Data of patients admitted to ICUs (medical, pulmonary, surgical, trauma, neurosurgery, and emergency) in PNUH and PNUYH between January 2011 to December 2020, were reviewed. Patients were excluded if they had end-stage kidney disease (ESKD) on maintenance dialysis, lacked prior information on baseline kidney function, and were younger than 18 years old. Patients were divided into medical and surgical groups, based on the attending physician’s department at ICU admission. Information on comorbidities, laboratory findings at ICU admission, and survival status was retrieved from the EMR. Details about cohort construction are described in our previous reports [12].
The study protocol was approved by the Institutional Review Board of Pusan National University (No. 2306-028-128), which waived the requirement for informed consent.

Data collection and definition

AKI was retrospectively defined based on the modified KDIGO serum creatinine (SCr) criteria (changes in SCr by ≥0.3 mg/dL [≥26.5 μmol/L] within 48 hours; or changes in SCr to ≥1.5 times the baseline, which is known or presumed to have occurred within the prior 7 days) [9]. AKI was categorized according to the AKI developing time, baseline kidney function status, and severity. We defined community-acquired AKI (CAAKI) as AKI diagnosed within 48 hours of hospital admission, and hospital-acquired AKI (HAAKI) as those that developed after 48 hours. AKI on chronic kidney disease (CKD) was defined as AKI diagnosed in previously diagnosed CKD patients. AKI severity was assessed based on the fold changes in peak SCr level, during the patient’s ICU stay, using the KDIGO AKI staging criteria [9]. Information on the causes of AKI was obtained by retrospective chart review. AKI causes were categorized as sepsis, volume-related, drug-related, cardiac dysfunction, hepatorenal syndrome, and obstruction of the urinary tract [4,13]. While many patients had overlapping causes of AKI, we adopted and described the single most predominant cause as the cause of AKI. Details of the criteria of each etiology were summarized in Supplementary Table 1 (available online) [1416].


The primary outcome was the incidence of AKI. The secondary outcome was in-hospital mortality.

Statistical analysis

Data normality was assessed using the Kolmogorov-Smirnov test. Continuous variables are expressed as medians with interquartile ranges (IQR) or means ± standard deviations, as appropriate. Differences between the two groups were compared using the Student t test. Categorical variables are expressed as percentages, and proportions were compared using the chi-square test.
The effects of AKI on in-hospital mortality were analyzed using univariable and multivariable Cox proportional hazards models. The full model was adjusted for age, diabetes mellitus (DM), hypertension, CKD status, chronic obstructive pulmonary disease (COPD) and asthma, cancer, Sequential Organ Failure Assessment (SOFA) score, sepsis, AKI stage, and serum level of albumin. All the covariates included in the analyses are known factors associated with AKI, some of them were included in the final model. In the final model, covariates were selected by backward selection based on the Wald test, with a threshold of 0.2 for all predictors. The Cox proportional hazards model was plotted to compare the effect of AKI on mortality between medical and surgical patients who had AKI and those who did not, respectively. All analyses were restricted to the subjects with complete data on the variables involved in each analysis.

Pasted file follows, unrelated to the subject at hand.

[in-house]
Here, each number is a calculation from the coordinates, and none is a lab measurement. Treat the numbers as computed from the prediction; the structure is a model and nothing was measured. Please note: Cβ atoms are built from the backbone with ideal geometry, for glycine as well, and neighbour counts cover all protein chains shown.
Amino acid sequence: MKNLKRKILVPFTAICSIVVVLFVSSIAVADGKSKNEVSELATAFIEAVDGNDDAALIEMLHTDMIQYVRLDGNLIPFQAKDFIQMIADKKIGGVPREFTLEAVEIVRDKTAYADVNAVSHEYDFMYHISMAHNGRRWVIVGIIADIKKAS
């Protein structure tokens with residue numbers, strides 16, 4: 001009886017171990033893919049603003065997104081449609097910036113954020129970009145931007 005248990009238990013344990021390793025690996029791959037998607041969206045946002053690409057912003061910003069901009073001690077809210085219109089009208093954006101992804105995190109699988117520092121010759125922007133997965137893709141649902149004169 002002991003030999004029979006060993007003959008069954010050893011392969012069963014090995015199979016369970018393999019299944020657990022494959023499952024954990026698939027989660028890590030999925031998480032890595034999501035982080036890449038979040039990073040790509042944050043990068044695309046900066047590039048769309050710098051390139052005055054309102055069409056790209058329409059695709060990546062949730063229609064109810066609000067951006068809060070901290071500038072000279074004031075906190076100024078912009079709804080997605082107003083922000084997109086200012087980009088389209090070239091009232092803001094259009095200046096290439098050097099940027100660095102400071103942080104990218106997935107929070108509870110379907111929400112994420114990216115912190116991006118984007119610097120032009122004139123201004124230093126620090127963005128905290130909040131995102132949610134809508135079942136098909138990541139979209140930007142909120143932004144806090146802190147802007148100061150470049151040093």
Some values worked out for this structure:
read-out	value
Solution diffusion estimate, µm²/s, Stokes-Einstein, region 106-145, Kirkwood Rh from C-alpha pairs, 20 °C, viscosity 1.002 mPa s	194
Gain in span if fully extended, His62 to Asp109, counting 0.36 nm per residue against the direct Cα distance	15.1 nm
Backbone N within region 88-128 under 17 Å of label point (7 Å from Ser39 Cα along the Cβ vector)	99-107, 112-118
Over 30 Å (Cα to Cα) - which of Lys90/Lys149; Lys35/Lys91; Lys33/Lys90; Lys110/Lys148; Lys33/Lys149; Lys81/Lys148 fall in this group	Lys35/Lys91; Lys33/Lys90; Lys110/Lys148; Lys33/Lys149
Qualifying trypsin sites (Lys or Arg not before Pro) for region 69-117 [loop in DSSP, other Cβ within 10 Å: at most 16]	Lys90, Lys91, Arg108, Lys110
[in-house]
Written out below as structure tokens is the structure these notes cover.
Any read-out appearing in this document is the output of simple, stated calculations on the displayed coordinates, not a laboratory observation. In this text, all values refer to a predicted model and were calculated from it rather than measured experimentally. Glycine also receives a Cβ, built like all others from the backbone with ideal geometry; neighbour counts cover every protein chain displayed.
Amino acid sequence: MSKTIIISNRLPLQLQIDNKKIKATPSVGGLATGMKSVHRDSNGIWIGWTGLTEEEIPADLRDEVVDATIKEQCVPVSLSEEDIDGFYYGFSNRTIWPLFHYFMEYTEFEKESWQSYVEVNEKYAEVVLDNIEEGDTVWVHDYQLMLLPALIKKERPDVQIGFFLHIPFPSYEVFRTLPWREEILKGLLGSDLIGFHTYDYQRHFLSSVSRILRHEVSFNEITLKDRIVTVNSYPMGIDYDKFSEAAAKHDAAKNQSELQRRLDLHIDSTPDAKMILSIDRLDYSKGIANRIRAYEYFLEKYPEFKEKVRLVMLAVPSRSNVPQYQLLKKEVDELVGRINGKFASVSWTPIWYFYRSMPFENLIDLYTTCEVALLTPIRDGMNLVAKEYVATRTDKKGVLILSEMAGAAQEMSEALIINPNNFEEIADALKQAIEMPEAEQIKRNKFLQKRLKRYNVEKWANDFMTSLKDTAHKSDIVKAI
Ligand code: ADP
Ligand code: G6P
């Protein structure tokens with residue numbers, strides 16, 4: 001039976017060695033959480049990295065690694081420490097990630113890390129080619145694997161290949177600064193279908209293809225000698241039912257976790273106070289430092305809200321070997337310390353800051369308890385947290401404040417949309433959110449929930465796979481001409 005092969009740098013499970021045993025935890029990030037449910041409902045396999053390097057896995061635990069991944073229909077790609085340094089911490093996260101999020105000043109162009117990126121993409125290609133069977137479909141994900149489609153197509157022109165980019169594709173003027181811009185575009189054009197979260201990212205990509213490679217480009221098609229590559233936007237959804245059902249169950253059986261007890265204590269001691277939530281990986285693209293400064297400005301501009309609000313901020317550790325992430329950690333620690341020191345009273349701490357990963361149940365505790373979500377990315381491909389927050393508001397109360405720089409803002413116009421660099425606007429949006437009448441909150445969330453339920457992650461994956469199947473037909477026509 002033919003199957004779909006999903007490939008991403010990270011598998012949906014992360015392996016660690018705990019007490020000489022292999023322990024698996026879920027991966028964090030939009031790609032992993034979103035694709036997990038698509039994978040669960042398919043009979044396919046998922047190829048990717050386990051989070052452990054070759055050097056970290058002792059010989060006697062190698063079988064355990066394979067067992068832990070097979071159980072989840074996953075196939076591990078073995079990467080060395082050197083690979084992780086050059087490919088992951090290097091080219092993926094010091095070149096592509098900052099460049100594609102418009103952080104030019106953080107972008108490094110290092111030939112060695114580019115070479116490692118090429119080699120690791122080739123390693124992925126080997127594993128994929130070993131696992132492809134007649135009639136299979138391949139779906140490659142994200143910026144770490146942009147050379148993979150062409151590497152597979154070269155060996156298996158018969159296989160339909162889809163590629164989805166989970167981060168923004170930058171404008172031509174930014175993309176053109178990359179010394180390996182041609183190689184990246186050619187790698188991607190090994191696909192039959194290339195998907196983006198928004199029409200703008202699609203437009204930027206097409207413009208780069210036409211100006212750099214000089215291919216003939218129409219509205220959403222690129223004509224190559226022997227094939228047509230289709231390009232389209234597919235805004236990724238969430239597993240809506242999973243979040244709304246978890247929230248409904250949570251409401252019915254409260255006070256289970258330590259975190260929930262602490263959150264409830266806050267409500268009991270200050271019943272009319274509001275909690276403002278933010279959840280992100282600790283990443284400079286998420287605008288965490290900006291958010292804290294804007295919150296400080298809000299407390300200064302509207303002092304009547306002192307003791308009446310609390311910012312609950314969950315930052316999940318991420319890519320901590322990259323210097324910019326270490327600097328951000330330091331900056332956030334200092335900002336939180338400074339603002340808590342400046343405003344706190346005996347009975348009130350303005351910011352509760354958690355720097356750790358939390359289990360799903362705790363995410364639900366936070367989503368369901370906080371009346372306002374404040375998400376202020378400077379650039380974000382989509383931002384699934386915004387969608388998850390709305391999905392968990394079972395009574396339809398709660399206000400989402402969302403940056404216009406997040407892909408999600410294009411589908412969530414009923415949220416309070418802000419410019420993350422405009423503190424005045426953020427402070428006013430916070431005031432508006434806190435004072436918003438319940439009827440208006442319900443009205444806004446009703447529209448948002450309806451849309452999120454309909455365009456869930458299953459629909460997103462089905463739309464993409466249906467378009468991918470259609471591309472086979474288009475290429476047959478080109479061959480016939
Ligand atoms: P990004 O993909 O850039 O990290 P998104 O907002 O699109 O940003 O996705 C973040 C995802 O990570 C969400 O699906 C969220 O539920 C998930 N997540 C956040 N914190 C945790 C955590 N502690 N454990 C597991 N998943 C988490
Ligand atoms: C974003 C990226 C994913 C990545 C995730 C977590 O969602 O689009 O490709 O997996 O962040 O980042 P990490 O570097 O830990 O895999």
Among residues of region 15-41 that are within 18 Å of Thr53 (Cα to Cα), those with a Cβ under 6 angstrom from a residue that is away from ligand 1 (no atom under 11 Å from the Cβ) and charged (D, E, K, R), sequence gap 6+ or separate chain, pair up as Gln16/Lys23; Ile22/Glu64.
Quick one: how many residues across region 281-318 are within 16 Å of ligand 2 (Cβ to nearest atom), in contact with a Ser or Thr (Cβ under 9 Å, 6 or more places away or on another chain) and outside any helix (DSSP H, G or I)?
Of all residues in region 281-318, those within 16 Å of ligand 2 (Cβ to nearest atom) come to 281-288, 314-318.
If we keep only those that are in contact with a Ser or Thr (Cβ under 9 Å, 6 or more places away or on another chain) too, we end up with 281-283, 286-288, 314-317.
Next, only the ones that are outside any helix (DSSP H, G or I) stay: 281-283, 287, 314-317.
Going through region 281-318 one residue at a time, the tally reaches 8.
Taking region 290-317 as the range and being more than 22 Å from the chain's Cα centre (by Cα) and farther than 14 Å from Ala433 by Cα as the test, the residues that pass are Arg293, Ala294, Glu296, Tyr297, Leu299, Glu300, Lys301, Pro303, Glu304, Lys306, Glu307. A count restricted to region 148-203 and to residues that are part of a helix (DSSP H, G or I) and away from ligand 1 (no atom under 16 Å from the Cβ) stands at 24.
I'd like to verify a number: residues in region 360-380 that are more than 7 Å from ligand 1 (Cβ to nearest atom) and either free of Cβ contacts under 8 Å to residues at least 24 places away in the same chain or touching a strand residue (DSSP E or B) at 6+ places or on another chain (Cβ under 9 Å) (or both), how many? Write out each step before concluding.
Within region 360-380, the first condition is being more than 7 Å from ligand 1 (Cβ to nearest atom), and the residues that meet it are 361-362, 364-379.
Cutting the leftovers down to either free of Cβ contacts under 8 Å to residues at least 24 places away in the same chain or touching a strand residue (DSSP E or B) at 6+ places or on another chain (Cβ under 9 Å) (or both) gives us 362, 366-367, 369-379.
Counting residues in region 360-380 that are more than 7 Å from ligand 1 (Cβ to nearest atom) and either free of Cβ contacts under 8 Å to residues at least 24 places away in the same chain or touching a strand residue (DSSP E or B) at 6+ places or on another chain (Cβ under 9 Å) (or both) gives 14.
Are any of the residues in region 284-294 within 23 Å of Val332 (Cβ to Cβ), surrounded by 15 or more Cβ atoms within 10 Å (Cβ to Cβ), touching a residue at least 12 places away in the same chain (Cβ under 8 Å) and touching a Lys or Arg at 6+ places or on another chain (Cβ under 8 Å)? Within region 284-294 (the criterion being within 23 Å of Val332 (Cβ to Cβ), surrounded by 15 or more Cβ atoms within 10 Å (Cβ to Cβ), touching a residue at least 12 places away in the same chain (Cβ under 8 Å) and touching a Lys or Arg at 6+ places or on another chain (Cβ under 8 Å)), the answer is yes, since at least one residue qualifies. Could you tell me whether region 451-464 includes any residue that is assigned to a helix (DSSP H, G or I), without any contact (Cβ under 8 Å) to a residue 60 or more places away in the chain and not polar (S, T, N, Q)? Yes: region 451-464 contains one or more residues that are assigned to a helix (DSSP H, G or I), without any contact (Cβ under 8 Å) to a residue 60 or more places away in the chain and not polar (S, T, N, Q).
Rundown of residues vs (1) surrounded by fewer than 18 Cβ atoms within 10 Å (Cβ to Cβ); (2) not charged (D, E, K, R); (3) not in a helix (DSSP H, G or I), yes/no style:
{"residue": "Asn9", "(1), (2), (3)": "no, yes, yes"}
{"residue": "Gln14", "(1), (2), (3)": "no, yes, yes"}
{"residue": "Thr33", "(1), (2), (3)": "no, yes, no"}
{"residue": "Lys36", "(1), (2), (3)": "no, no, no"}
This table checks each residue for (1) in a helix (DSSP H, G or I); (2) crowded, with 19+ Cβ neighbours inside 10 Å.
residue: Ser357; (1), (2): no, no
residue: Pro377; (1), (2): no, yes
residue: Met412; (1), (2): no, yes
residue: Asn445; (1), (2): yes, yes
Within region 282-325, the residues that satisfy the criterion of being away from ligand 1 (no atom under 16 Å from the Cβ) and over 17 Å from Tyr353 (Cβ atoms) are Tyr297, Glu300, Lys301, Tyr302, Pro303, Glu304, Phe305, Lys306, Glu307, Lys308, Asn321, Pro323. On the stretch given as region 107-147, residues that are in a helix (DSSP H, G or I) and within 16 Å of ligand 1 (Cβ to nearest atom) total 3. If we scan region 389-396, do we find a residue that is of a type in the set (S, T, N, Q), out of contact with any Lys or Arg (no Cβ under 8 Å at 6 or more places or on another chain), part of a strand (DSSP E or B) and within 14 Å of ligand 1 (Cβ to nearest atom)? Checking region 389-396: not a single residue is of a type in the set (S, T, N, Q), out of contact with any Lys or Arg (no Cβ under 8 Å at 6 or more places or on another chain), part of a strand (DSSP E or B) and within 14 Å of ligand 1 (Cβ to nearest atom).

All statistical tests were two-sided, and p-values less than 0.05 were considered significant. Data analysis and plotting were performed using IBM SPSS software (ver. 29.0; IBM Corp.).


Baseline characteristics

Between January 2011 and December 2020, 48,834 patients were admitted to the ICU. After excluding 100 patients (0.2%) with ESKD, 40,720 patients (97.6%) without information on their baseline kidney function status, and 861 patients (2.0%) younger than 18 years old, a total of 7,150 ICU patients were included in this study (Fig. 1). The mean age was 63.9 ± 13.4 years, and 4,289 (60.0%) were male. Among them, 3,625 (50.7%) were medical patients, and 3,525 (49.3%) were surgical patients. DM, hypertension, CKD, ischemic heart disease (IHD), lung disease, liver disease, and stroke were more prevalent among medical patients, while cancer was more common in surgical patients. At ICU admission, the mean SOFA score was 5.8 ± 3.8, which was significantly higher in medical patients (6.6 ± 3.9), who also had a higher prevalence of sepsis (43.8%) (Table 1).